Potentially, if things go wrong, the price of oil could surge higher, perhaps to the US$300 a barrel tipped earlier this year, or a crash back to $20/bbl if a threatened global recession kills economic growth.
Right now, it's very much a case of no one knows. Just cross your fingers and hope sanity prevails which really is a case of wishful thinking as sanity went out the window the day Russia drove its tanks down the highway to Kyiv.
What happened to energy markets last week was a warm up for what's to come with the Brent oil price plunging from $96/bbl to $87/bbl (slightly lower than before the Ukraine invasion) before recovering to $89/bbl.
The latest choppy moves in oil sparked a mixed reaction among major producers with Russia once again warning that it could stop all oil exports, Europe repeating its plan to stop buying Russian oil by the end of the year, and OPEC saying it would cut output to keep the price high.
What that witches brew of threat and counter-threats tells The Slug is that anything could happen as the world battles competing forces which include ever-tightening official interest rates to tame inflation just as demand destruction from the $124/bbl oil price of earlier this year has its negative effect on economic demand.
Recent signals from the market which help paint a picture of impending chaos of the sort seen in early 2020 when the oil price fell to $20 (and negative for some futures contracts) include:
· The American Petroleum Institute reporting a surprise 3.6 million barrels build of oil reserves, the opposite of the 700,000bbl decline forecast by analysts.
· The European Union repeating its plan for a price cap on Russian oil.
· Russian president Vladimir Putin repeating his warning that if the EU tries its price cap, he will order the end of all energy exports.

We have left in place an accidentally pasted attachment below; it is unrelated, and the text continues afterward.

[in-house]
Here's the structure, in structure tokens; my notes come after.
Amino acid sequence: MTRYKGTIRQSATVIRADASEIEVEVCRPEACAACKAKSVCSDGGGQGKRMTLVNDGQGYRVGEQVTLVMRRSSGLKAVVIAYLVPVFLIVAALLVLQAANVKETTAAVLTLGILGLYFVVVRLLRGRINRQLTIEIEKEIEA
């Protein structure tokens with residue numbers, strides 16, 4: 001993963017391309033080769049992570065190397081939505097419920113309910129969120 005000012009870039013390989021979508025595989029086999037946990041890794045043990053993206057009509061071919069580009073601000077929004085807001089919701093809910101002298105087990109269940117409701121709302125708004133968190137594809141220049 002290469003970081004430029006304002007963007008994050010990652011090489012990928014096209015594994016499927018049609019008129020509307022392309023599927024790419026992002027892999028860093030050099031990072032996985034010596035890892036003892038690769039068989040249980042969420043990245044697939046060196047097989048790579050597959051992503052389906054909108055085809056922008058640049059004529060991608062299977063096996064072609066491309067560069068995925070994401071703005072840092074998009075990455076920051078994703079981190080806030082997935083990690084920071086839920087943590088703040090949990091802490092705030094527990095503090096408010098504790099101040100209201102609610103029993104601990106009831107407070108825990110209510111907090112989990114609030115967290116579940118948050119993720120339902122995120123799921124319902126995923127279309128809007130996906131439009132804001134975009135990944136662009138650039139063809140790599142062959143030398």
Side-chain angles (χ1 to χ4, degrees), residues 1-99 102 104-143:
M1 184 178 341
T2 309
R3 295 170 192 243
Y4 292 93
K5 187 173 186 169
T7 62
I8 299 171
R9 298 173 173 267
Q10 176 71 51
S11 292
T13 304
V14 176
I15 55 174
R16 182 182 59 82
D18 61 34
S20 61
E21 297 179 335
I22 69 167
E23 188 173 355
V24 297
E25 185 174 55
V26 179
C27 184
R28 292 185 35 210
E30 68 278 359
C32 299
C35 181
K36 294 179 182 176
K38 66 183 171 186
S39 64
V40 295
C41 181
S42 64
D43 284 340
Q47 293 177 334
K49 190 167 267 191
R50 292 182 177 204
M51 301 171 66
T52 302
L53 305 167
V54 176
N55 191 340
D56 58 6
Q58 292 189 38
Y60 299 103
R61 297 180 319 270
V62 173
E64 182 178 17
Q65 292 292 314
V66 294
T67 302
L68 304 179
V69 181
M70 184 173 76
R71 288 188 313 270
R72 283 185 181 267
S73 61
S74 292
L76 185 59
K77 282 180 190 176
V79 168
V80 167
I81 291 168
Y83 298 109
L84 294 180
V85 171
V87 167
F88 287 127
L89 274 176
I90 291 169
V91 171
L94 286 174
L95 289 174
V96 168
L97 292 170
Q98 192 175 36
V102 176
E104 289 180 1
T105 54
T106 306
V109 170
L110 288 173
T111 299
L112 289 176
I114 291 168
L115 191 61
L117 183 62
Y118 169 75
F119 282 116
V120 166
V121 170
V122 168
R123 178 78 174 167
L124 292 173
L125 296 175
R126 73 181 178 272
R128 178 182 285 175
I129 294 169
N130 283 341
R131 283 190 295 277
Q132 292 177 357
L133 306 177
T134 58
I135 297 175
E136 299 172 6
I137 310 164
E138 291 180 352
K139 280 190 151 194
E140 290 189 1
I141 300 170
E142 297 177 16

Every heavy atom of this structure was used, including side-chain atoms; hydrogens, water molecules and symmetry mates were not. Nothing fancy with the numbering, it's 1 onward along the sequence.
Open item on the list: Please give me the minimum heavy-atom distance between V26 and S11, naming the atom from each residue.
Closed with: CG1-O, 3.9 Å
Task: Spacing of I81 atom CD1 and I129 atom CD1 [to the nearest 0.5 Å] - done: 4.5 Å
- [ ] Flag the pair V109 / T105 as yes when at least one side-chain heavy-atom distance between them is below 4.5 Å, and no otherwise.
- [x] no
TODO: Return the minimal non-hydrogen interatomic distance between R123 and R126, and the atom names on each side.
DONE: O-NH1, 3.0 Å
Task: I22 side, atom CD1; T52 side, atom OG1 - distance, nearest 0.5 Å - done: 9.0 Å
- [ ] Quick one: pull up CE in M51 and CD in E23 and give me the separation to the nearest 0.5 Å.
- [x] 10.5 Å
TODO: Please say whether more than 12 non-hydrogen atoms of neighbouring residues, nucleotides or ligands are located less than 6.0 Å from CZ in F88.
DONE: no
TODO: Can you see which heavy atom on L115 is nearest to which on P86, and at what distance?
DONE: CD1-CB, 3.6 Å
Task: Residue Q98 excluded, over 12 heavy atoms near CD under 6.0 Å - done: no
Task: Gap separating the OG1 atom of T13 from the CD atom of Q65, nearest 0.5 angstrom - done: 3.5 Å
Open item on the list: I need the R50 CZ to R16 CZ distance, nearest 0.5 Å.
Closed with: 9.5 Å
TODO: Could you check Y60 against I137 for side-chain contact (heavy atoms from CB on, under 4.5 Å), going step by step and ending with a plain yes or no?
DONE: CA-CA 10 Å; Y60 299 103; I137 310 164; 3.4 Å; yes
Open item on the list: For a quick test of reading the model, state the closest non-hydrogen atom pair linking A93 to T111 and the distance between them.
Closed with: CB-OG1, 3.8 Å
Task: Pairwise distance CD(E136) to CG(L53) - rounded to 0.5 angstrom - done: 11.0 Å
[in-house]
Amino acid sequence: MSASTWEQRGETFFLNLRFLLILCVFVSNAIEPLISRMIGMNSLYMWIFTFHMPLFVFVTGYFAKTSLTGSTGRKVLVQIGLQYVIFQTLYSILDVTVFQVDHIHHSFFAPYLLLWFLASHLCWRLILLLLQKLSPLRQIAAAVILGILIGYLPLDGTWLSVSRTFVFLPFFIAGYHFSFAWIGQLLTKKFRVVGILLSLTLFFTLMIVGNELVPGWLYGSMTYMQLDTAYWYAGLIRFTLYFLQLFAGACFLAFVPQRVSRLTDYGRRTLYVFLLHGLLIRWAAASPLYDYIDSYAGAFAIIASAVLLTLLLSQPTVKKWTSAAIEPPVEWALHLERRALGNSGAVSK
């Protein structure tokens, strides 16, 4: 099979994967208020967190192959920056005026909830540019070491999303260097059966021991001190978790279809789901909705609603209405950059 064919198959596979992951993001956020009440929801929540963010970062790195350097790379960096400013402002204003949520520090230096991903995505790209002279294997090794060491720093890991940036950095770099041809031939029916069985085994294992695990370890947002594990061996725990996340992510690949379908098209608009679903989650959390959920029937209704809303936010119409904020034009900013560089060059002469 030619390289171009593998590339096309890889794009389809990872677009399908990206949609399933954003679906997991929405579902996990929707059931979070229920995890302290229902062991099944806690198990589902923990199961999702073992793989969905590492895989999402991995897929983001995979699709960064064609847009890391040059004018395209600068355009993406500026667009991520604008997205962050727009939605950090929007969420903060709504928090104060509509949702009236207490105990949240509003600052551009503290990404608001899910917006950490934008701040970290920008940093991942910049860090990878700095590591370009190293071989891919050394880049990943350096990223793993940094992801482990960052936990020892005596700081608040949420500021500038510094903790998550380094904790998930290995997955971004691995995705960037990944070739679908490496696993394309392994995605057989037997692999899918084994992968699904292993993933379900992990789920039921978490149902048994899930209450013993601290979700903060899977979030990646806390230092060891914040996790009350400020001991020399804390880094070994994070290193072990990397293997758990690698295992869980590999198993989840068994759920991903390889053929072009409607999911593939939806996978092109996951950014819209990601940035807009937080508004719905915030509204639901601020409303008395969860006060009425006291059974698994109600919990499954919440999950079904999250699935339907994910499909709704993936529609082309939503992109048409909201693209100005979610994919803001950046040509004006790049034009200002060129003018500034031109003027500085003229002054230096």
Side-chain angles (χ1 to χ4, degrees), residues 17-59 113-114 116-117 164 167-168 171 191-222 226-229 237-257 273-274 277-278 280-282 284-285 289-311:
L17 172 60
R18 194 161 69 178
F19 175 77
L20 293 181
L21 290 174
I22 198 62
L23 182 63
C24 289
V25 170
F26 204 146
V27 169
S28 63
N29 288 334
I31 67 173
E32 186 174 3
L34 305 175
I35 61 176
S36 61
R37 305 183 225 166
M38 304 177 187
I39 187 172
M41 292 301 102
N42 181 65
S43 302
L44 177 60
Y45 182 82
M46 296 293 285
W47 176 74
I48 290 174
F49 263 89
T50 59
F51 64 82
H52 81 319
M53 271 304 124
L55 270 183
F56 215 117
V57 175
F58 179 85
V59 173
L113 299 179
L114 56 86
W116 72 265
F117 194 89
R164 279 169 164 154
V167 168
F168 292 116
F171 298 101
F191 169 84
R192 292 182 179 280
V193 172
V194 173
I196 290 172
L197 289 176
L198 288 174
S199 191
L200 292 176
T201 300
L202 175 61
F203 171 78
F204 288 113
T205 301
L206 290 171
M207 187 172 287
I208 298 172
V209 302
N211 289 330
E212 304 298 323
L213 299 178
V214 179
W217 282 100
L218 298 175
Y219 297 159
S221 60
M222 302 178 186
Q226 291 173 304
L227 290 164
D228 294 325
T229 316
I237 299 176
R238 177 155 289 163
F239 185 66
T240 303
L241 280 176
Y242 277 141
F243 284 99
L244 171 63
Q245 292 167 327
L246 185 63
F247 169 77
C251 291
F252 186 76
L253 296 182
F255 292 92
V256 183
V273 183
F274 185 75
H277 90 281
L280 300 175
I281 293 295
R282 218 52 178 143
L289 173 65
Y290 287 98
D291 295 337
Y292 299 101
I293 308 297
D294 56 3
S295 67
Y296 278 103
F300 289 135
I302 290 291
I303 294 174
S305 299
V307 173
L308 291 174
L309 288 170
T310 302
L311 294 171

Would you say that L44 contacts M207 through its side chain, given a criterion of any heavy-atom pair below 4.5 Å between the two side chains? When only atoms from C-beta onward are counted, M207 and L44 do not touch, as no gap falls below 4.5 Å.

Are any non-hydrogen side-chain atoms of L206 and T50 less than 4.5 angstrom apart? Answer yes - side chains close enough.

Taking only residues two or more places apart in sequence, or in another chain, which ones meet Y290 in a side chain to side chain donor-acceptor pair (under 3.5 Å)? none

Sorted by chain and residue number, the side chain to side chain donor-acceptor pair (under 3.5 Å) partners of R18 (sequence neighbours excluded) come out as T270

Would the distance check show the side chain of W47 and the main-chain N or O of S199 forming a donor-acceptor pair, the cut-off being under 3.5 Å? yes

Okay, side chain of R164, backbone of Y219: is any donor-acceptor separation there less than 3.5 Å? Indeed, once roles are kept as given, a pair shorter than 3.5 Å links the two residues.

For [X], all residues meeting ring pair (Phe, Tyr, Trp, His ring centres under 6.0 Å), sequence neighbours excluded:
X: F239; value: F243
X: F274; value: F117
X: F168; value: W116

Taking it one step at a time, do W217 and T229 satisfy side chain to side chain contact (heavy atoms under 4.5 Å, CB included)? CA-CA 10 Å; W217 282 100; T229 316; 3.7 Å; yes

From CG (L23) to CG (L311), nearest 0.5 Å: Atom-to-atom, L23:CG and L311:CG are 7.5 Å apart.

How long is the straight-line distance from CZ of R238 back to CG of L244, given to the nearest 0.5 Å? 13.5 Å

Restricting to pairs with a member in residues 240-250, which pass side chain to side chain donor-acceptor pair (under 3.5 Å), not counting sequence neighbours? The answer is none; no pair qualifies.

· A slowdown in global trade reported by the World Trade Organisation, a significant indicator of recession in the months ahead.
· Frantic buying of Russian oil by the EU at a rate of one million barrels a day to build stockpiles before the end-of-year ban kicks in, and
· A suggestion in a draft EU document that includes using its legal powers to authorise the breaking of energy delivery contracts to ensure power availability in what promises to be a bleak winter for everyone in the northern hemisphere.
Meanwhile, in Australia, business sails on as the country with deep reservoirs of fossil fuels and a global leadership in new-energy metals trousers windfall profits as Europe looks south for energy supplies.
Woodside's deal last week with Germany's Uniper was an example of what might be to come with customers keener to do business with reliable suppliers than simply paying the lowest price.
While only for 12-LNG cargoes a year, and certain to be supplied from Woodside's US gas-trading business, the deal is a prime example of Europe's desperate need for energy.
Of the many recent developments, some of them conflicting, those which the Slug finds particularly significant are the stand off between Europe and Russia and the suggestion from the EU that energy contracts can be broken.
The European position, as an energy customer, is that it has the right to go on buying Russian oil until its tank farms are full, at which time it will walk away.
Russia's position is that if Europe attempts to impose a price cap, then it, as the supplier, has a right to rip up contracts, warning the EU that it would be "frozen like a wolf's tail" - alluding to fairy tail about a wolf being tricked by a fox into putting its tail in a hole on a frozen river.
The fact that the oil debate has reached the stage of using fairy tales to score a point is why the Slug reckons the price is poised to move quickly with the unknown being which way, up or down.
Putin's position is that Russia will disappear from the global energy market, effectively removing more than 20% of oil and gas from circulation - which would have a devastating effect on price, bringing back into focus the $300/bbl of March.
But if that happens then a threatened recession could be something far worse than a conventional downturn with stagnating global trade, a sign of disappearing demand - in which case the $20/bbl swings into view.
Without being too alarmist the measure which is the best guide to demand reduction and a lower oil price is one that few people in the oil and gas industry ever consider, the Baltic Dry Index.
The reason oil people don't look at the BDI is because it is a measure of demand for the bulk carriers which haul dry cargo around the world such as iron ore and coal.
Last year, before Putin started his war in Ukraine and before the US started raising interest rates, the BDI reached 5500 points. Last week it was quoted at 1150, a fall of 80% and a very real measure of how global trade is slowly taking oil demand with it.